“Today we collected as a team. I am travelling to Nepal with my wife and all of my sisters, and blessed with the company of my brother-in-law and friends. We are a team of ten and start with a guided food tour of the Kathmandu Asan market area. The name ‘Nepal’ must be a contraction of the term ‘narrow entrances, populated alleys,” as our tour requires that we tunnel through impossibly thick crowds of local shoppers, motorcycles and trucks to find secret stashes of exceptional street food. We are in a different world,”
Steve Iseman in his blog from Nepal, February 2020.
What do you do when life gives you Parkinson’s?
In Steve Iseman’s case, you go to Nepal and trek up to a base camp at the foot of Mount Everest. You push your physical boundaries; develop more red blood cells to better distribute oxygen with dropping levels; bike on steep paths shared with yaks and donkeys and dung; wear three layers of clothing; camp near a glacier that has taken many lives; and live as though it is your last day, every day, until whenever….
Steve Iseman was diagnosed with young onset Parkinson’s disease in 2014 and, over time, developed cognitive limitations that made his working life a challenge. An avid biker and nature enthusiast, he increased his activity levels as he learned more about the disease, the importance of intense exercise and what medications worked. He found that intensive exercise seemed to have a profound effect on his physical and mental health.
Steve searched for like-minded people in a Parkinson’s community. Fact was, there were little to no resources to refer to and conversations with others in the same boat were few and far between.
Steve did what he knew best—he shared his enthusiasm for athletics with others. He signed up for Pedaling for Parkinson’s—an all abilities ride with distances ranging from 40 to 120 km, founded by Peter Istvan and David Newall. Pedaling for Parkinson’s spans three days, where cyclists pedal over 100,000 strokes, representing one for each Canadian living with Parkinson’s.
2018 was the final year of the ride in Parry Sound, Ontario and it was during that final event that Steve Iseman and Peter Istvan met. So began a friendship that would lead to other exciting events, including inspiration for a new cycling team called Rigid Riders—and that famous trip to Nepal.
Steve was on a mission—to build his Parkinson’s community—a group of people sharing the same disease, the same concerns, the same fears, and the same daily challenges; a group of individuals who needed to get up, get out, reach out and get active. It came together when Steve enlisted the support of his friend, Mike Loghrin, who possesses the organizational skills necessary to get things moving. Together, they started the Rigid Riders.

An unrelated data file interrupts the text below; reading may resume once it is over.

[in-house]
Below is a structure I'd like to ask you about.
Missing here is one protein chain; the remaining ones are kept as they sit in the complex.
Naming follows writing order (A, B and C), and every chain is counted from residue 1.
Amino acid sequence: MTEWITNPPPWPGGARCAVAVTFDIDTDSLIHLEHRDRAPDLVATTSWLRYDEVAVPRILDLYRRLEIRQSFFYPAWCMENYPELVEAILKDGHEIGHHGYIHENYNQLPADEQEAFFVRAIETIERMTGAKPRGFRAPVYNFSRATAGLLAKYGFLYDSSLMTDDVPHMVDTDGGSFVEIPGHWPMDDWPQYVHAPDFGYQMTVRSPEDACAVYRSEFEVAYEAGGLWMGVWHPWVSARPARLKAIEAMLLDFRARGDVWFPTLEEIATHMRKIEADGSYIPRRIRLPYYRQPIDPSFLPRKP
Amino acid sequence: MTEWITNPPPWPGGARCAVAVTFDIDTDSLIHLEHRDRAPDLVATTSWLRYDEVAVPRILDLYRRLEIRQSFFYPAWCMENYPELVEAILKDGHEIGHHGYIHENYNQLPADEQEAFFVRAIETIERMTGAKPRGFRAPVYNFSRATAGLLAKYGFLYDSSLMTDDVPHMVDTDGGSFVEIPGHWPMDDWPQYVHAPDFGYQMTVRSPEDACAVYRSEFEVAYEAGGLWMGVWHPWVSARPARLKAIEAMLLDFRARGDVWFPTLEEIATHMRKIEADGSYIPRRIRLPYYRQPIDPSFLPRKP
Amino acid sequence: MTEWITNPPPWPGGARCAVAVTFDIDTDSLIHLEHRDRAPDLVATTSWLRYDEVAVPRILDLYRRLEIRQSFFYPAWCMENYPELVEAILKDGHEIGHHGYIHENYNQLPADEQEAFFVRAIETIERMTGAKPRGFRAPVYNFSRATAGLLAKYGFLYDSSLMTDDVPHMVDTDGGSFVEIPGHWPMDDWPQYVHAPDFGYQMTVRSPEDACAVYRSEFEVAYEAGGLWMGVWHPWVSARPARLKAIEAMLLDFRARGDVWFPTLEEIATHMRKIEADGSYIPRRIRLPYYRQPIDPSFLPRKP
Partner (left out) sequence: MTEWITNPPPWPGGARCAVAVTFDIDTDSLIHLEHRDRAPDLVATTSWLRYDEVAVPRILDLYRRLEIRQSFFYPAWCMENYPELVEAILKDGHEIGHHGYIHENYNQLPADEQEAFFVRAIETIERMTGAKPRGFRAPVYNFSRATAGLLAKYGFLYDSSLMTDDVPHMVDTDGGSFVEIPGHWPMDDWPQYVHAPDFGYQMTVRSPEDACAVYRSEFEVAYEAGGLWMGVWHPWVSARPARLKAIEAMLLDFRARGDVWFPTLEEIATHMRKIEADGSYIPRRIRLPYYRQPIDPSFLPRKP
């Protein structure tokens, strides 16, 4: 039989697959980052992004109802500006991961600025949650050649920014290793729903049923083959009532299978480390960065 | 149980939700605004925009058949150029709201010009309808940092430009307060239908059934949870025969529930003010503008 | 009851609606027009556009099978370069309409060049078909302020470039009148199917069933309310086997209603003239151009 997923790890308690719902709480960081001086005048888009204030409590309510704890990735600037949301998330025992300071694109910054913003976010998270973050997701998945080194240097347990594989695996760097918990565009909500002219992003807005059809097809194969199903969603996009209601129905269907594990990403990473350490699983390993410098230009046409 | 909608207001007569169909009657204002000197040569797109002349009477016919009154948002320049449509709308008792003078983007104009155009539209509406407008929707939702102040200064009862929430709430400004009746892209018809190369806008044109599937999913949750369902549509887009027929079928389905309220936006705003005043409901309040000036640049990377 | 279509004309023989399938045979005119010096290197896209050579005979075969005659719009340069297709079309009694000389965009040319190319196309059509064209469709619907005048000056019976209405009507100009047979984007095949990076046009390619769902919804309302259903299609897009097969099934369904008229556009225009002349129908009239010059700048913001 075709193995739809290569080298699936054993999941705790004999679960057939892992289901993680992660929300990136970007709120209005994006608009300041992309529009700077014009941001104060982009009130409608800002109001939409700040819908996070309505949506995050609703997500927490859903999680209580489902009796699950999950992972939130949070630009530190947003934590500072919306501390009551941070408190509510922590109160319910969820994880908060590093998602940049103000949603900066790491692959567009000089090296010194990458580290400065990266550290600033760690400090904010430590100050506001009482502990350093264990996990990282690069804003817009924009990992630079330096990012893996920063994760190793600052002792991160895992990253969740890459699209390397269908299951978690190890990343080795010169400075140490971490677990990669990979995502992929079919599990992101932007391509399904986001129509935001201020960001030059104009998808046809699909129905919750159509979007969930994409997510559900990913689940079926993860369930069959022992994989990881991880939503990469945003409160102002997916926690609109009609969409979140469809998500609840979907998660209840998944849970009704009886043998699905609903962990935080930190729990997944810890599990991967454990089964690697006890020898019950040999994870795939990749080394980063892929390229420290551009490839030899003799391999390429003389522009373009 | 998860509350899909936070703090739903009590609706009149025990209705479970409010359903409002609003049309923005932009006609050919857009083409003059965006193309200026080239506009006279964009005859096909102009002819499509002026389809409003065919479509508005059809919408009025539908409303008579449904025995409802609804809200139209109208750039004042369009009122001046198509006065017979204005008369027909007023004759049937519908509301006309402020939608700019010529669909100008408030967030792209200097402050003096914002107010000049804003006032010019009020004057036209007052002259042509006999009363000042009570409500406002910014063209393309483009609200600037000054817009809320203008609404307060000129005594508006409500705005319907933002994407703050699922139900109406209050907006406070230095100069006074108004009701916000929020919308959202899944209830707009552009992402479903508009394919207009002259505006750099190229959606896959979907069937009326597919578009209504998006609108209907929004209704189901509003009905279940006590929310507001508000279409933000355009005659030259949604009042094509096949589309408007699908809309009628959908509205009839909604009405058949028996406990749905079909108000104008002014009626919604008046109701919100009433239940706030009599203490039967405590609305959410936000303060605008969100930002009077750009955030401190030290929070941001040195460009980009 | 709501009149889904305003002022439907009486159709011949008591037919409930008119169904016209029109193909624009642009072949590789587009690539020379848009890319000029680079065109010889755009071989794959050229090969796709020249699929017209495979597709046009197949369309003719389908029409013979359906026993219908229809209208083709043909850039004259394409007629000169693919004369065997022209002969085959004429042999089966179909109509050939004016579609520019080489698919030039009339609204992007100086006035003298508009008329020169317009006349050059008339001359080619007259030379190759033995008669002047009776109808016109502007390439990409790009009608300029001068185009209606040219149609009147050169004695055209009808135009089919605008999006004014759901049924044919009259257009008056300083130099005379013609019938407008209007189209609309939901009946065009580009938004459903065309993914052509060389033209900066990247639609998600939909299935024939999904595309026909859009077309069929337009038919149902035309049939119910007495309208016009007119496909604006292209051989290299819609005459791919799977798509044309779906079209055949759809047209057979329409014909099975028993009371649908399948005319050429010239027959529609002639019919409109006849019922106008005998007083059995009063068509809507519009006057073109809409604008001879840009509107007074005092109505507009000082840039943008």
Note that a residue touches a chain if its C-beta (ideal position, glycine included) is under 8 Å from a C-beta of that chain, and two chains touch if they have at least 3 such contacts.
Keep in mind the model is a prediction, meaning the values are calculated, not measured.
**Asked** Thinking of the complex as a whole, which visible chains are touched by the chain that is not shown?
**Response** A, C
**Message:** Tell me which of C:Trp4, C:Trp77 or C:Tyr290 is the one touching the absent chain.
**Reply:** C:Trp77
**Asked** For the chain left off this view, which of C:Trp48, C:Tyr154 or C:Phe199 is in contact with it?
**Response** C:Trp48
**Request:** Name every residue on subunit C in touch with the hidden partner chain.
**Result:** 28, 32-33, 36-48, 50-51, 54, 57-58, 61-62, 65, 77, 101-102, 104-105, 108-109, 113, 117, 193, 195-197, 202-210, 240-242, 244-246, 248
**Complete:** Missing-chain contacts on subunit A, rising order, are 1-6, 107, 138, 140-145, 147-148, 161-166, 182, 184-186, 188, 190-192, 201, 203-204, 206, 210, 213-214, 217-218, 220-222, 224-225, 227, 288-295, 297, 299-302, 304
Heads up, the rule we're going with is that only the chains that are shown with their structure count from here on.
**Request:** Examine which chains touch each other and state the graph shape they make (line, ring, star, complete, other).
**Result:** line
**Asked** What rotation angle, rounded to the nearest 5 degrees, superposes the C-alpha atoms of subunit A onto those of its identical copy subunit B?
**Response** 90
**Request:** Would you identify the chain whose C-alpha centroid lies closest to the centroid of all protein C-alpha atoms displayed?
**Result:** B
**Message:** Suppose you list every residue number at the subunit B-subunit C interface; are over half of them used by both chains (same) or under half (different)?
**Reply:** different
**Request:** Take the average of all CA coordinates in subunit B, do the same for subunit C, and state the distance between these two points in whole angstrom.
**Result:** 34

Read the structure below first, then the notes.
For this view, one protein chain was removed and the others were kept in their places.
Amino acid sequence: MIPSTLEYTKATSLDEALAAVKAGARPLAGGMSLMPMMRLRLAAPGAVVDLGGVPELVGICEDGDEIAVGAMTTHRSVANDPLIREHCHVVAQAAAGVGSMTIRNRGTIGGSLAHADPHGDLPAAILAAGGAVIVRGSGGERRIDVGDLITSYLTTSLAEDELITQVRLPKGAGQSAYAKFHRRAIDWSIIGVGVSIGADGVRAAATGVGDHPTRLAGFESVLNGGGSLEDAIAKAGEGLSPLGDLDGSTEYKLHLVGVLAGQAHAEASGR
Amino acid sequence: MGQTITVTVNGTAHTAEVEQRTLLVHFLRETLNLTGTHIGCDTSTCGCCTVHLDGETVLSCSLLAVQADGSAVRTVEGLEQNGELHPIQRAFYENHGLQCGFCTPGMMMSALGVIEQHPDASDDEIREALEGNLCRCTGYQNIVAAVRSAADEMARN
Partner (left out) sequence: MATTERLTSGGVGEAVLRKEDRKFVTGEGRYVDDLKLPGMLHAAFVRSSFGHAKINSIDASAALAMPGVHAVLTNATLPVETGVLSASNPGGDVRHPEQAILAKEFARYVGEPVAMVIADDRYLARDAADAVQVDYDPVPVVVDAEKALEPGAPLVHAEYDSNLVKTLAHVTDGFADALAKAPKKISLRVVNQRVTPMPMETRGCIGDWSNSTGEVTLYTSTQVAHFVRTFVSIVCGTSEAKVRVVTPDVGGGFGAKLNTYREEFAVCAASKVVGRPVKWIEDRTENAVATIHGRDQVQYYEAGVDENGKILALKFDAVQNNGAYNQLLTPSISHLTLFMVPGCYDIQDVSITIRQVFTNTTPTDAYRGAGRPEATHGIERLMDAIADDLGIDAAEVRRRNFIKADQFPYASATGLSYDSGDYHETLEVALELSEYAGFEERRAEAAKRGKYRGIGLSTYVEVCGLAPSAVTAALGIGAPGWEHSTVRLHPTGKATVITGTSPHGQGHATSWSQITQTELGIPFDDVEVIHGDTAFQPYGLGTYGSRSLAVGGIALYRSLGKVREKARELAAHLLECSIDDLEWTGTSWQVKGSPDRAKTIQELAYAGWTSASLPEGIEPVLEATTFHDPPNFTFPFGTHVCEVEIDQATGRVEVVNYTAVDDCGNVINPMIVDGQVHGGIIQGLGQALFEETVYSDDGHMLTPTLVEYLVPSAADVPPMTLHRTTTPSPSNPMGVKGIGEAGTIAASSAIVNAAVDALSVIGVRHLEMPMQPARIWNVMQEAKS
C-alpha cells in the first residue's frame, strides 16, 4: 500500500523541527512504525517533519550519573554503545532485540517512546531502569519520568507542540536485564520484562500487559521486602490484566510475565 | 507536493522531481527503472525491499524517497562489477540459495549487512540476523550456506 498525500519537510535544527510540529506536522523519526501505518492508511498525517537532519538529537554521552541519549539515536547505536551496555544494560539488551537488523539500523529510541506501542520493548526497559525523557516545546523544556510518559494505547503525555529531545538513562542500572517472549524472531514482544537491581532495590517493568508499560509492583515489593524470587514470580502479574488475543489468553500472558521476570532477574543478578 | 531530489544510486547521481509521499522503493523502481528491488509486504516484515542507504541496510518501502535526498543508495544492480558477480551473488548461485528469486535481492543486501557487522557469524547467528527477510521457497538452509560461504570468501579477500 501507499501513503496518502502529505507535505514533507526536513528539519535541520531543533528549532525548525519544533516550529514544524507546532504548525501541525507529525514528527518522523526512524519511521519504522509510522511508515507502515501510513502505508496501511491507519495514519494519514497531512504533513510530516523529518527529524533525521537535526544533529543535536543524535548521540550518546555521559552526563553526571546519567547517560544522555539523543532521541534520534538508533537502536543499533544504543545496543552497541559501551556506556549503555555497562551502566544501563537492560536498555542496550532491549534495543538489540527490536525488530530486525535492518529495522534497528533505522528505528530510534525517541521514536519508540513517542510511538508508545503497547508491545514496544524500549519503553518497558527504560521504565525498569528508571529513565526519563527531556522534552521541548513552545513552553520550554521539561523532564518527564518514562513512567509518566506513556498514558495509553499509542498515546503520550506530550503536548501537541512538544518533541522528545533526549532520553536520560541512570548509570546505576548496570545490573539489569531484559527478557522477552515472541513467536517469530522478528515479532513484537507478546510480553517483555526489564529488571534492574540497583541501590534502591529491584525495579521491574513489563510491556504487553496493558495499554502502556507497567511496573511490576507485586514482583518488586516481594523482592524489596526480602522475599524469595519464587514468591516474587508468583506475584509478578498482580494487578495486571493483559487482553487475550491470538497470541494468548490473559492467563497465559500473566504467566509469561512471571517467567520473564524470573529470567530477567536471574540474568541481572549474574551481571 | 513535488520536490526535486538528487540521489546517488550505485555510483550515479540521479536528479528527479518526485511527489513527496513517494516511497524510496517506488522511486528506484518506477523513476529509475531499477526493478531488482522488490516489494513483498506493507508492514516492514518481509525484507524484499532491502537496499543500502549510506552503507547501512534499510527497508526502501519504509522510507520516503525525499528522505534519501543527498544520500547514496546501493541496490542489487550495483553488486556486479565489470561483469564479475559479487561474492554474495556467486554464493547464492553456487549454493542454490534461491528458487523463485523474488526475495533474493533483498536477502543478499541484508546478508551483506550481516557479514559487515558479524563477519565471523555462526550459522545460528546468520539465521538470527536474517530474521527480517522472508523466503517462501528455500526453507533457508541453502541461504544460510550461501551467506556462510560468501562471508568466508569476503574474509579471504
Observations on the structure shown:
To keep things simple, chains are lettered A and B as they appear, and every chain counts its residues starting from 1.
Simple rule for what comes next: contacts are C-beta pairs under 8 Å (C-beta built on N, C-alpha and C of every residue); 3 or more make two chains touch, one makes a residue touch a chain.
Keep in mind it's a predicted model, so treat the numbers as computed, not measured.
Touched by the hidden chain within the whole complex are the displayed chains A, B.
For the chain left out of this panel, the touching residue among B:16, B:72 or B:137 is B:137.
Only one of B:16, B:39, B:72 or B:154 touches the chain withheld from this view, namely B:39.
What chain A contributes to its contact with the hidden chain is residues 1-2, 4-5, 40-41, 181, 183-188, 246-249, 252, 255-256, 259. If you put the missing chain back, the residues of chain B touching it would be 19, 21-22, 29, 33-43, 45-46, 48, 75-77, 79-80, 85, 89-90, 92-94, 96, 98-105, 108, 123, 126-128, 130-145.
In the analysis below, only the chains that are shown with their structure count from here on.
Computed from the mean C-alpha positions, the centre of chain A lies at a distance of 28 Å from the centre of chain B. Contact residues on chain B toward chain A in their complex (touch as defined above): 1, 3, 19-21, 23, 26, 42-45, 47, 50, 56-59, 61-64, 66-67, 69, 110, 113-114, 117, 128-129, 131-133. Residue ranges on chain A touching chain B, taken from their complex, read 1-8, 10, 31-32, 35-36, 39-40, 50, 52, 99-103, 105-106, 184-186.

As the name Rigid Riders suggests, people with Parkinson’s experience motor symptoms that make them less mobile. With recent research confirming the importance of exercise specifically for people with Parkinson’s, Steve knew from experience that folks had to be exercising and motivated to get out onto bikes and get moving. While the groups at Pedaling were all compassionate and generous, they were not the Parkinson community that Steve knew had to come together to support each other with a shared diagnosis—and a bike ride or two.
At first, folks declined for simple reasons—I will fall off my bike, I cannot ride, I have no balance, I have no bike…. On average it took 6 or 7 rejections for a rider to arrive at “yes” … and a robust supply of bikes and volunteers.
The first Rigid Riders ride took place as part of Pedaling for Parkinson’s in Prince Edward County, Ontario in July 2019. What Steve expected to be about 10 riders turned out to be over 30. Many who said they would fall off their bikes did—and got up and kept going.
The greatest rewards came after the event—while they raised over $30,000 towards research into Parkinson’s, the most satisfying moments were seeing people who were frightened at the thought of getting up on a bike, actually doing it … then going out and buying bikes afterwards to keep up the exercise and camaraderie.
“Why do we do hard things? We are already surrounded with fulfilling experiences that are convenient—a meal at a favourite restaurant, exciting live theatre, time out with friends—where is the justification to do things that are hard, uncomfortable, labour intensive. I think that I know the answer. Convenient joys are a great way to express our character; inconvenient joys—those that are earned through rigour, determination, even suffering—are a chance to develop our character.”
Steve Iseman, blog from Nepal, February 2020.
Steve is in touch with several healthcare providers in his community as well. One recently referred him to someone diagnosed 9 years ago. Steve was surprised to hear that he was the very first person with Parkinson’s that this man had ever met. Imagine suffering in silence with a pronounced tremor, almost in denial… Steve is determined to change all that.
“The more people that we can collect and infuse with energy and purpose and reason to exercise, the more of these people who are suffering in silence can hear about our community and will come find us,” says Steve.
This inspiration changes lives, one person with Parkinson’s at a time.
More Information on Rigid Riders
Connect with the Rigid Riders on Facebook.
All the images in this articles are from Steve Iseman’s travel blog about cycling and trekking in Nepal. Read more about Steve’s journey.
If you or someone that you know should be part of the Rigid Riders team, you can reach them at email@example.com.
For recorded webinars and podcasts, visit Parkinson Canada’s YouTube Channel.